|Vandy players make school history at NBA draft|
|Thursday, July 5, 2012|
For the first time in Vanderbilt basketball history, the Commodores saw two players taken in the first round of the NBA Draft.
John Jenkins went No. 23, to the Atlanta Hawks. Festus Ezeli was the last first round player taken, No. 30 by Golden State. The Commodores could have made it three, but Jeffery Taylor was the first player taken in the second round.
The only draft picks to get guaranteed money are first rounders. Those in the second round start their NBA careers behind the 8-ball, as their teams don’t have significant money invested in them.
Prior to Jenkins and Ezeli, the Commodores have had only three first round picks, dating back to the first year of the draft, 1957.
Clyde Lee became the first Vandy player taken in the first round, in 1966. He went on to have the best NBA career of any Commodore. Jeff Turner went to the Orlando Magic in 1984 and after his playing days were over, Turner joined the franchise’s broadcast team. Will Perdue was taken in the first round in 1988. He was a back-up center for Chicago and San Antonio where he picked up more NBA title rings than any other Vandy alum.
So how will this year’s draft class fare? Jenkins was the highest draft choice and the Hawks are a good fit for what he offers.
Considered by most as the best shooter in this year’s draft, Jenkins’ bread and butter is his perimeter shot. As the Hawks have guards that like to penetrate and pitch, Jenkins’ role will likely be as a spot-up shooter.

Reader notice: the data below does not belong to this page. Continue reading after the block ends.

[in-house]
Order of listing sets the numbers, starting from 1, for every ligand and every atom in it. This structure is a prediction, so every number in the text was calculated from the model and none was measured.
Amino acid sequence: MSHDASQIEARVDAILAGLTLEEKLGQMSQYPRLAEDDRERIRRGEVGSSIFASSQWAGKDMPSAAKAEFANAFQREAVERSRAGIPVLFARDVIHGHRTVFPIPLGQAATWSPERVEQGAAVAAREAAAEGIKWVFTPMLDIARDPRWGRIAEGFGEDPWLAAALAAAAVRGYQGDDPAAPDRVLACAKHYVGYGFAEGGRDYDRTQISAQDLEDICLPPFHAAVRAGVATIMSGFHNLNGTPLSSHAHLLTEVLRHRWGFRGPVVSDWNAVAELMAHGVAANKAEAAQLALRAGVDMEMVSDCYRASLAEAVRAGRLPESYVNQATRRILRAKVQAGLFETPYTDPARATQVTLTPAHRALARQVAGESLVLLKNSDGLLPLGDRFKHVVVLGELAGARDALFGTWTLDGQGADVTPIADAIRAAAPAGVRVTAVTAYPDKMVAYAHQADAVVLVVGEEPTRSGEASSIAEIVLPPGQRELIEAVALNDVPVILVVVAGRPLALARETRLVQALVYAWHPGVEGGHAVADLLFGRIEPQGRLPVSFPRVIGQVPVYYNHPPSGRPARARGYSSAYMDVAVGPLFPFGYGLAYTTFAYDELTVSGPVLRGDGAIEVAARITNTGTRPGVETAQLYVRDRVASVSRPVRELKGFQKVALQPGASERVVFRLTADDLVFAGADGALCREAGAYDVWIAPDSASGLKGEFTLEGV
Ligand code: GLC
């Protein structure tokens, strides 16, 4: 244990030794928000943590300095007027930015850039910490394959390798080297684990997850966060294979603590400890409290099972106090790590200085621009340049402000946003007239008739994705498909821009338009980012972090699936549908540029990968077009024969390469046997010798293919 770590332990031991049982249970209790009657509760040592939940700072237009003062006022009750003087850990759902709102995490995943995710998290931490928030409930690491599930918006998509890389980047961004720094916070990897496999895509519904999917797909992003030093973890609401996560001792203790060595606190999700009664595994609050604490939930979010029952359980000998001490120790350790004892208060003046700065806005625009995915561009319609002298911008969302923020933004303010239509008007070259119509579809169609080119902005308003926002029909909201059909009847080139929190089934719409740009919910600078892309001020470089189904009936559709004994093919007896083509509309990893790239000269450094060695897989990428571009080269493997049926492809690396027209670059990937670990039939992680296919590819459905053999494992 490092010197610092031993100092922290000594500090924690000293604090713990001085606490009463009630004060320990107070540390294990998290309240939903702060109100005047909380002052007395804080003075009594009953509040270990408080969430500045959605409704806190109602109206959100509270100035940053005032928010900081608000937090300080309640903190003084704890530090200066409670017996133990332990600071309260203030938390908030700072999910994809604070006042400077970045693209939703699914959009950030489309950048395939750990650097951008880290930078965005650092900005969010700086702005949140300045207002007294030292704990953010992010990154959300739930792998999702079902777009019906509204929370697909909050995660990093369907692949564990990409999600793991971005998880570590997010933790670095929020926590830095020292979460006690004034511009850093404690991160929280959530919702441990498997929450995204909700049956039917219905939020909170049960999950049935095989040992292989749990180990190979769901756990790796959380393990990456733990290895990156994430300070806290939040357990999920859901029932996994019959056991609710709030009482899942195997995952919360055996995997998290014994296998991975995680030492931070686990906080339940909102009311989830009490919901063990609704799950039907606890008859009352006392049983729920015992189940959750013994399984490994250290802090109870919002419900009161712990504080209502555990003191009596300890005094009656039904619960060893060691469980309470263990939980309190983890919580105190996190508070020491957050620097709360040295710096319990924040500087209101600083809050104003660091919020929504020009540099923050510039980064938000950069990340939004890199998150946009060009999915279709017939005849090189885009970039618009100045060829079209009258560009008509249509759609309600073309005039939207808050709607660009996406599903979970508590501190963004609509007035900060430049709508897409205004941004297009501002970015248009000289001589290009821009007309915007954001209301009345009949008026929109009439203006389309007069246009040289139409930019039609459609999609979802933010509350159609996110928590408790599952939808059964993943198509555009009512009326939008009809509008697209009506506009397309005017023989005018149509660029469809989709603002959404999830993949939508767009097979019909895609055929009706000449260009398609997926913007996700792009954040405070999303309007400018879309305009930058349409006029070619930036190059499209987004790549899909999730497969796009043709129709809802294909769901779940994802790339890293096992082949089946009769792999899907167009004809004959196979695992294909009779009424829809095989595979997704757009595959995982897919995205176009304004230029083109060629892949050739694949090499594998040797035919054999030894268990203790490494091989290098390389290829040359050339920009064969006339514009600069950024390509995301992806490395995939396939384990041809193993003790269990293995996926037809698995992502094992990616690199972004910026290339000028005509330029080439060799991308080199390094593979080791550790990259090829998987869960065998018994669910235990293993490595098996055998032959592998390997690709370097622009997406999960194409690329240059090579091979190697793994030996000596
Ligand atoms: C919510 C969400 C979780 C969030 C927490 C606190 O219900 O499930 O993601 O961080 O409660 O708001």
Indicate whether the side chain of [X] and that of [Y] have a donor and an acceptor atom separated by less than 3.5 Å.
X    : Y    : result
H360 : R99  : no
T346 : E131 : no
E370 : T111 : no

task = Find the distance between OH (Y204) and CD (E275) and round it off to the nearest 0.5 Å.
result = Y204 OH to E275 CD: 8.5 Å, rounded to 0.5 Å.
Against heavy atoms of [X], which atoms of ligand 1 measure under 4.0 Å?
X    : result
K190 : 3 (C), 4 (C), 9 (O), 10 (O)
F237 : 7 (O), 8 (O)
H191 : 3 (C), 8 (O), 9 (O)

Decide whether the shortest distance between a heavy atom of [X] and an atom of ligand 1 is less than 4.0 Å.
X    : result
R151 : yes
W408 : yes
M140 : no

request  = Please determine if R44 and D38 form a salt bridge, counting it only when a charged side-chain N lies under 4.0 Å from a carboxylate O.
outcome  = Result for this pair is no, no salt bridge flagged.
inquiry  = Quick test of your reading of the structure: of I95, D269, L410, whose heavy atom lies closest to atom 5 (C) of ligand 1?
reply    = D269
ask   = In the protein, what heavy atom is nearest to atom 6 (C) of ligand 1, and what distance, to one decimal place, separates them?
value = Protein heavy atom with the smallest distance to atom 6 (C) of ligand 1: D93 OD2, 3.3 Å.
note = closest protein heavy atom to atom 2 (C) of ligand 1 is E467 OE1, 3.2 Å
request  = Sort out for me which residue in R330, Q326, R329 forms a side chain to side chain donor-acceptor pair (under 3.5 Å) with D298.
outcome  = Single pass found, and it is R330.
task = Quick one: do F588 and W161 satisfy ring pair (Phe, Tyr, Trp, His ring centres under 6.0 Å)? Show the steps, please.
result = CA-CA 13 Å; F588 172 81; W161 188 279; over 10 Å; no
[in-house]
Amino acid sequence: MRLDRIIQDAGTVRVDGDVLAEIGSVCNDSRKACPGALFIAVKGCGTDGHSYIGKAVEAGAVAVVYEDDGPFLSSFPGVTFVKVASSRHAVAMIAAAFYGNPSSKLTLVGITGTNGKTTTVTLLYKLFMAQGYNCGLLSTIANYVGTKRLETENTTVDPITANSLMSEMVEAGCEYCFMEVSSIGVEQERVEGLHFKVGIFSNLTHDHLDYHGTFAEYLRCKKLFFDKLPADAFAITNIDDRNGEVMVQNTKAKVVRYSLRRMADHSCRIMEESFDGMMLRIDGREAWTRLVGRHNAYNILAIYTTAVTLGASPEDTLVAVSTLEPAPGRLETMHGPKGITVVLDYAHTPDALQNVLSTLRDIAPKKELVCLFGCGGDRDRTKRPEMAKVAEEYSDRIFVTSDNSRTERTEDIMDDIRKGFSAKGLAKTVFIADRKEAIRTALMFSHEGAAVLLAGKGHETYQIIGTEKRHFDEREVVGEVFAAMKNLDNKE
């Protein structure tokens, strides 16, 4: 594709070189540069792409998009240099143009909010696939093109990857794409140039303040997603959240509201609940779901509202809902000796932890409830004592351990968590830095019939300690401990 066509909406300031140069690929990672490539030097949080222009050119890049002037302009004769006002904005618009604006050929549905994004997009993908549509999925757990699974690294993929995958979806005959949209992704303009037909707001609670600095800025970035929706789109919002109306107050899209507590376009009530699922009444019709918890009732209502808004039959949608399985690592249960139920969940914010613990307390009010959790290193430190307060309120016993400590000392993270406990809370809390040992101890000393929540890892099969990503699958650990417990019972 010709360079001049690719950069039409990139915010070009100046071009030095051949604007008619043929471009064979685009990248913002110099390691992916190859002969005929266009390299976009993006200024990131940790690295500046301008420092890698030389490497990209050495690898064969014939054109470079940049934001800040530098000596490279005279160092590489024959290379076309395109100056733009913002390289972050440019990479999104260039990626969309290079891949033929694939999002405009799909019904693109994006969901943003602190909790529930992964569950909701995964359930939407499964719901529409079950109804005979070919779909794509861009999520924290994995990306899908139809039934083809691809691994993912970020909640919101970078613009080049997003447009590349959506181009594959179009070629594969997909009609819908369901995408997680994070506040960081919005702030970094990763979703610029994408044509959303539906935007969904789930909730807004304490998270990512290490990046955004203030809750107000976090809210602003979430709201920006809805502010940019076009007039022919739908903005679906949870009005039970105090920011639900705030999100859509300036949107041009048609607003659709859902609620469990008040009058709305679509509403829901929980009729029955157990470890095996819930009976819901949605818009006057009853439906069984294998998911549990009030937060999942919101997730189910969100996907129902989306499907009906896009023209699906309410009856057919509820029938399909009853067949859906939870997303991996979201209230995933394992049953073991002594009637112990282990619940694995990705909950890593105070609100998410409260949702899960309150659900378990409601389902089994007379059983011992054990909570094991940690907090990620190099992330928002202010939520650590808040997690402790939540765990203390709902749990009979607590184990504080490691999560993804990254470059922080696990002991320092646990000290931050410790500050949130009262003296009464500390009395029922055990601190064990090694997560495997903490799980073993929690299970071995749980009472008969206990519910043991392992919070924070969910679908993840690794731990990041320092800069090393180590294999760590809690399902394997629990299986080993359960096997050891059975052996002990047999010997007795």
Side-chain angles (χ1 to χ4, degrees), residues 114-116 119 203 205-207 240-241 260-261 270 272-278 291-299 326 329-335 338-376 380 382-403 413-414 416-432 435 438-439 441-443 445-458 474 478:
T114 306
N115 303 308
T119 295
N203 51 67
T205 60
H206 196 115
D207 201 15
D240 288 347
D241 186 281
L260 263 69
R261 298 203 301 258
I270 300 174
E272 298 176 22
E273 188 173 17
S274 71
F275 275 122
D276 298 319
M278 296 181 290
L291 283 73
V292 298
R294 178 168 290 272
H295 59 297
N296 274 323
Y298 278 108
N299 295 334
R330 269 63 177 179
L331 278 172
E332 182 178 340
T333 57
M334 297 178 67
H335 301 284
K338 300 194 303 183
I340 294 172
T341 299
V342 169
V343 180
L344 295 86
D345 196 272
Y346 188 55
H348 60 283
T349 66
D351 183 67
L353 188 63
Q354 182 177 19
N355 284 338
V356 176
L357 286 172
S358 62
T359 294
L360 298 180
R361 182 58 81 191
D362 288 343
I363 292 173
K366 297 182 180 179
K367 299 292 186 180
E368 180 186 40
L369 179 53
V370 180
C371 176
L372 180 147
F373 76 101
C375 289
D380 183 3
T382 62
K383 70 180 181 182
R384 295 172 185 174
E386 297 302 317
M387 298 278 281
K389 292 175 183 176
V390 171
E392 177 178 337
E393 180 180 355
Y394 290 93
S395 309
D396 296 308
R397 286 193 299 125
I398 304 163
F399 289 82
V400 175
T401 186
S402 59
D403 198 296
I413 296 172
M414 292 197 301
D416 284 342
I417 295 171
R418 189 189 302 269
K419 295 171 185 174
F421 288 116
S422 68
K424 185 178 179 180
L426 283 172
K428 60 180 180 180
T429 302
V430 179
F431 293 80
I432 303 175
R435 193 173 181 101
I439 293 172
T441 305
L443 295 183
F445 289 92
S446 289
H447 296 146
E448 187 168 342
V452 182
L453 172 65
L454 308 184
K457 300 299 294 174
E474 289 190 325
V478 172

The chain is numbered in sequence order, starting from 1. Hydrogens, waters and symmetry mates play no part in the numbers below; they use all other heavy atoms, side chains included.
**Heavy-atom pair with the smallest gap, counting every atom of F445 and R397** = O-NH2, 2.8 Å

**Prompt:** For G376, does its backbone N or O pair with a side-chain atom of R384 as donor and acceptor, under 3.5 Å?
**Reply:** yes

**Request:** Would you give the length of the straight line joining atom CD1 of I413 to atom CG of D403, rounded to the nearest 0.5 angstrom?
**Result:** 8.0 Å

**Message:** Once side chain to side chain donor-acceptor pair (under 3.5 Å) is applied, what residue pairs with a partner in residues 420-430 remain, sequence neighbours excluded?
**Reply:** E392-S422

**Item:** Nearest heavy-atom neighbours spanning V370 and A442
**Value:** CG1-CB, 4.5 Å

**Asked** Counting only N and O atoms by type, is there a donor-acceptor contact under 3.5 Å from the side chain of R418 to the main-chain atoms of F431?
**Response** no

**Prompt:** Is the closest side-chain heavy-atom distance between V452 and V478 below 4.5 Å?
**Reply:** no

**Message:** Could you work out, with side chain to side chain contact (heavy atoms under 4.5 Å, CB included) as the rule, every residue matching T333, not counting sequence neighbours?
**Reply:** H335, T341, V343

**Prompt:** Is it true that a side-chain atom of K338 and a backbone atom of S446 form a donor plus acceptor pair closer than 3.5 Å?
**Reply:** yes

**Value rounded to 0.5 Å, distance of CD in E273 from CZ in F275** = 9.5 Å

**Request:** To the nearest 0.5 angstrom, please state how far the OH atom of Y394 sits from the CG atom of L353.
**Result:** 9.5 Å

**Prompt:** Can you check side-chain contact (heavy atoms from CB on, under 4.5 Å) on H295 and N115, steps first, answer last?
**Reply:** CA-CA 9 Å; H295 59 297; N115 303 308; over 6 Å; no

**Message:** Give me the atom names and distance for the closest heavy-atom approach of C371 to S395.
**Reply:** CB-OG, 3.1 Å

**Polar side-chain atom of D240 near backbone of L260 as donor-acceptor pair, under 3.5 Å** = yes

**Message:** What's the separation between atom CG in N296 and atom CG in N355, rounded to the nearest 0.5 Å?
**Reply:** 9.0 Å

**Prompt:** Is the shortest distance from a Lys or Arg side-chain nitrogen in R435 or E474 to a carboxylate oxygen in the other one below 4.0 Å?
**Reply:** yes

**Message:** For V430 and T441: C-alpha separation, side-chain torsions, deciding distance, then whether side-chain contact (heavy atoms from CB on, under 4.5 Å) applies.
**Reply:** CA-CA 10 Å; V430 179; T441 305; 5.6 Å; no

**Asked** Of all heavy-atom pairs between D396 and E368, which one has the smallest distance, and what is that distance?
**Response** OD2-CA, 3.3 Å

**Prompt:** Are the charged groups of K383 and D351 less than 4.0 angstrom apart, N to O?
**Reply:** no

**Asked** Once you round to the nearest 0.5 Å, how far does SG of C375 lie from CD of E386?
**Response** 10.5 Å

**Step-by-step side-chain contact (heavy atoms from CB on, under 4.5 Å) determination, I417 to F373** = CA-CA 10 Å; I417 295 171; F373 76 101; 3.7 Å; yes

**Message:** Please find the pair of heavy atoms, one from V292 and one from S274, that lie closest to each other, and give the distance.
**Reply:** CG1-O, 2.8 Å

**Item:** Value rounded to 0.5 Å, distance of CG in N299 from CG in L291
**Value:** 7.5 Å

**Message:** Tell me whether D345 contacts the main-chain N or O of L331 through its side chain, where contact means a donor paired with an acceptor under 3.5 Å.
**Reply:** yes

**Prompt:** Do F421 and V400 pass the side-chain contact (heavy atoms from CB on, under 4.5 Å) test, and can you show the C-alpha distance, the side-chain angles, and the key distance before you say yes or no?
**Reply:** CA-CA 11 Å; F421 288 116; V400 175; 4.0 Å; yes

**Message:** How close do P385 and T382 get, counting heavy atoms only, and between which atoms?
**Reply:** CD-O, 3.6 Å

At 6-4, Jenkins needs to improve defensively. He will be guarding players that are taller, stronger and quicker. If he is a liability on the defensive end, it will negate the good he produces on offense.
He needs to improve his handle and passing. A one-trick pony doesn’t last long in the NBA.
NBA players don’t play for trophies and banners. They play for houses, cars and bling.
Ezeli has the size (6-11 and change). He is an accomplished shot blocker and good defensive center. But he is raw as an oyster on the half-shell on offense. The Nigerian native is still learning the game. No longer confined to a 20-hour week as he was in college, Ezeli has the longest road to travel, but he could wind up as the most successful of the trio.
Taylor is the most interesting pick. Loaded with athleticism, Taylor must learn to make the most of it. He could slash to the rim and finish in college. At 6-foot-7, it won’t be that easy in the NBA. Taylor must develop an accurate 3-point shot or teams will back off him.
He has struggled with confidence in his outside shot. Charlotte owner Michael Jordan will likely challenge Taylor to improve. If so, Taylor will either respond or wilt.
Recent Vanderbilt players who were drafted high have not made a mark in the NBA. Shan Foster (2008 second round for Dallas) has played overseas. The same goes for 2004 second round pick Matt Freije and 2000 second round pick Dan Langhi.
Langhi and LSU’s Stromile Swift shared SEC Player of the Year honors while Foster was SEC Player of the Year.
They found out just how difficult it is to make an NBA roster and stay any length of time. The NBA is a man’s game.